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The Power of PEEK for Surgery in the Operating Room

PEEK is a fixture in operating rooms and in surgical procedures, and not just as an implant. Its across-the-board material properties makes PEEK a frontline choice for many surgical instruments, and medical facilities are increasingly taking notice. PEEK is replacing metal instruments and medical components at a rapid pace, and the future of medicine appears to be one in which PEEK will play a major role.

Why is PEEK a top choice for surgical instruments?

PEEK has made a sizeable impact on the medical field since the late 90s, when it was first developed for lumbar and cervical fusion implantation procedures. Although that is still PEEK’s primary use, it has been adapted for many more applications, including surgical instrumentation. In the medical community, PEEK is prized for its elasticity, which is similar to cortical bone, and its radiolucency. Neither one of those are critical traits to have in a surgical instrument, but PEEK is still a promising material for these instruments, nonetheless. Why is that the case?

1. Compatibility with conventional instrument sterilization methods – PEEK offers complete compatibility with standard sterilization approaches, including autoclave (or steam), gamma radiation and EtO sterilization. Even after repeated exposure to these forms of sterilization, this high-performance polymer retains its integrity. Inferior materials would fail under this regular exposure, but components utilizing PEEK are designed to handle these sterilization conditions.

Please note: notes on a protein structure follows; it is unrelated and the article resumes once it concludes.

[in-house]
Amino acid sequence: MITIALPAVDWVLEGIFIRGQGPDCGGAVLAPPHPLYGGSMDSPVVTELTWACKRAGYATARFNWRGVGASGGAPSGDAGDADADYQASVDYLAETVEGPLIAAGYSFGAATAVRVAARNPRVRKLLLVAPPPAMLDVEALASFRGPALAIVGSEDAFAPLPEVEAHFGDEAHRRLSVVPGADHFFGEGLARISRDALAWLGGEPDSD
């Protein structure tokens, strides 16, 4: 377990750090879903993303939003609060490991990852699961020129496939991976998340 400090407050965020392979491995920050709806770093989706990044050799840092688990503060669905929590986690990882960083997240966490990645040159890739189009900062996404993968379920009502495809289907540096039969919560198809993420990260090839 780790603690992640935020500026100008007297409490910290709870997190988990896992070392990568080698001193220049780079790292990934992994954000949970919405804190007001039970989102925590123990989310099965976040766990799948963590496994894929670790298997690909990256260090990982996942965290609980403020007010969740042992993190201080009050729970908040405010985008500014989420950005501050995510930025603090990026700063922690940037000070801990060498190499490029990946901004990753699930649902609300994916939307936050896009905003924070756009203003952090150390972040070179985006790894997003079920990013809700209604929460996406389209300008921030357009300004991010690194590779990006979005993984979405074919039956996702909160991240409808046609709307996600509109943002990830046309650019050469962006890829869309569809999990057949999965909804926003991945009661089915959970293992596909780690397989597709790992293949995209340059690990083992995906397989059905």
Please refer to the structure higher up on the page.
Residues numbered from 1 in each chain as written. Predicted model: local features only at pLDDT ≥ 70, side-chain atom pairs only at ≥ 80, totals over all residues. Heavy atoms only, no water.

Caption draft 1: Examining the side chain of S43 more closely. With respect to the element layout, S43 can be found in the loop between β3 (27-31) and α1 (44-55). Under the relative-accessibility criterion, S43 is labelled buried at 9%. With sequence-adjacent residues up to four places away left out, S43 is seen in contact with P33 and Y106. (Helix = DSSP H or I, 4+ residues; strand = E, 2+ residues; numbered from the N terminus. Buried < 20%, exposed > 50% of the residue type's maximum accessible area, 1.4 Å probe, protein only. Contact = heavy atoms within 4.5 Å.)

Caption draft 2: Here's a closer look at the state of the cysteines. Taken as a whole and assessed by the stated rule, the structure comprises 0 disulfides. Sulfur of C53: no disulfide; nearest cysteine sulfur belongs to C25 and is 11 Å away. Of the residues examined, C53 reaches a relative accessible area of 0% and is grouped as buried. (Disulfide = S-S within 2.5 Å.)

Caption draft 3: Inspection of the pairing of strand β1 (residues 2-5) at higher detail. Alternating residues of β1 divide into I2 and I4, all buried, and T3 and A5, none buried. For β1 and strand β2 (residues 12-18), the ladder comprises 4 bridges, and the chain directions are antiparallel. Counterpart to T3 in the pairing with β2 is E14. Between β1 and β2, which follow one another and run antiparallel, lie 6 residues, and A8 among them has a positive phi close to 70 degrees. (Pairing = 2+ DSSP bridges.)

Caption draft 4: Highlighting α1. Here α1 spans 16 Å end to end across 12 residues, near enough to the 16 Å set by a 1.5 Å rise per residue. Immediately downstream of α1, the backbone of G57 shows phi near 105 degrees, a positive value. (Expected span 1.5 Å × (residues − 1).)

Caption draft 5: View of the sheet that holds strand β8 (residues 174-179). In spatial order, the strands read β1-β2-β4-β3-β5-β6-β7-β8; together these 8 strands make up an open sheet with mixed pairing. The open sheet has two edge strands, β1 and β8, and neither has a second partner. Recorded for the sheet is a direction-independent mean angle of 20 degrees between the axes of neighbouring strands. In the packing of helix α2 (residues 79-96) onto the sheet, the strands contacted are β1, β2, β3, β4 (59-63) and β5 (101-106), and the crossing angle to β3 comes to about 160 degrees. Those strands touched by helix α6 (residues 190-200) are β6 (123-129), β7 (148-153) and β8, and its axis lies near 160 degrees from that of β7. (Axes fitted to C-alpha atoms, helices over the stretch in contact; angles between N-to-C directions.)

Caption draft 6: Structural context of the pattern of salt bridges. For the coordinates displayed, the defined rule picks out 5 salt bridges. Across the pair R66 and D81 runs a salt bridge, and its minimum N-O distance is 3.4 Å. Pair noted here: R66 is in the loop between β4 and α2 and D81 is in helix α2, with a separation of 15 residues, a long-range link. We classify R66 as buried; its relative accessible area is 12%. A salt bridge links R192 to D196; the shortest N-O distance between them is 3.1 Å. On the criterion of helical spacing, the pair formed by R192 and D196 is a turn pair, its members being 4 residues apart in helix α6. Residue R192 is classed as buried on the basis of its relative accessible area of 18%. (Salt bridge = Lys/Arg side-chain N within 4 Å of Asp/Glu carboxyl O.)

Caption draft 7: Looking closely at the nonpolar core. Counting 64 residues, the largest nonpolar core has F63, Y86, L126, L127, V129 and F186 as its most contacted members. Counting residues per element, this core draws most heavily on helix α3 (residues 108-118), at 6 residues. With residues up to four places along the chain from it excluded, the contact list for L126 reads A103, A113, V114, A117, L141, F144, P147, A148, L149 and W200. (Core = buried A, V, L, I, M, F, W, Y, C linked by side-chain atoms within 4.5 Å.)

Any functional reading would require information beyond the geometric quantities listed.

2. Durability – PEEK is one of the most durable plastics in any industry, and its ability to withstand extreme environments is what initially interested aerospace engineers. Although the operating room isn’t quite as demanding as the inside of a rocket, PEEK’s excellent strength and resilience means it can be counted on.

3. Bioinert – PEEK is a sought after implant material for several reasons, and its biocompatibility is among the most important. Although most surgical instruments only have brief contact with the patient’s internal tissues, they must be harmless on contact. PEEK is a true biomaterial, and multiple studies have shown that the polymer is not cytotoxic, genotoxic or immunogenic.

PEEK’s combination of durability and bio inertness makes it an ideal choice for instruments like endoscopes.

4. Low weight – Weight may not be a top concern for hospitals, but for the surgical team prepping for a complex, multi-hour procedure, it can be. Repeated lifting, twisting and fine movements are easier to accomplish with a lighter instrument, and PEEK is much lighter than metal. While the weight will vary with the grade of PEEK, a PEEK-based instrument is up to 70 percent lighter than a comparative stainless steel instrument.

Lightweight instruments don’t just improve surgeon comfort, they also reduce the likelihood of developing repetitive stress injuries over time. Accomplished surgeons with decades of experience may need to take extra precautions to avoid such injury, and opting for PEEK instruments is one such precaution.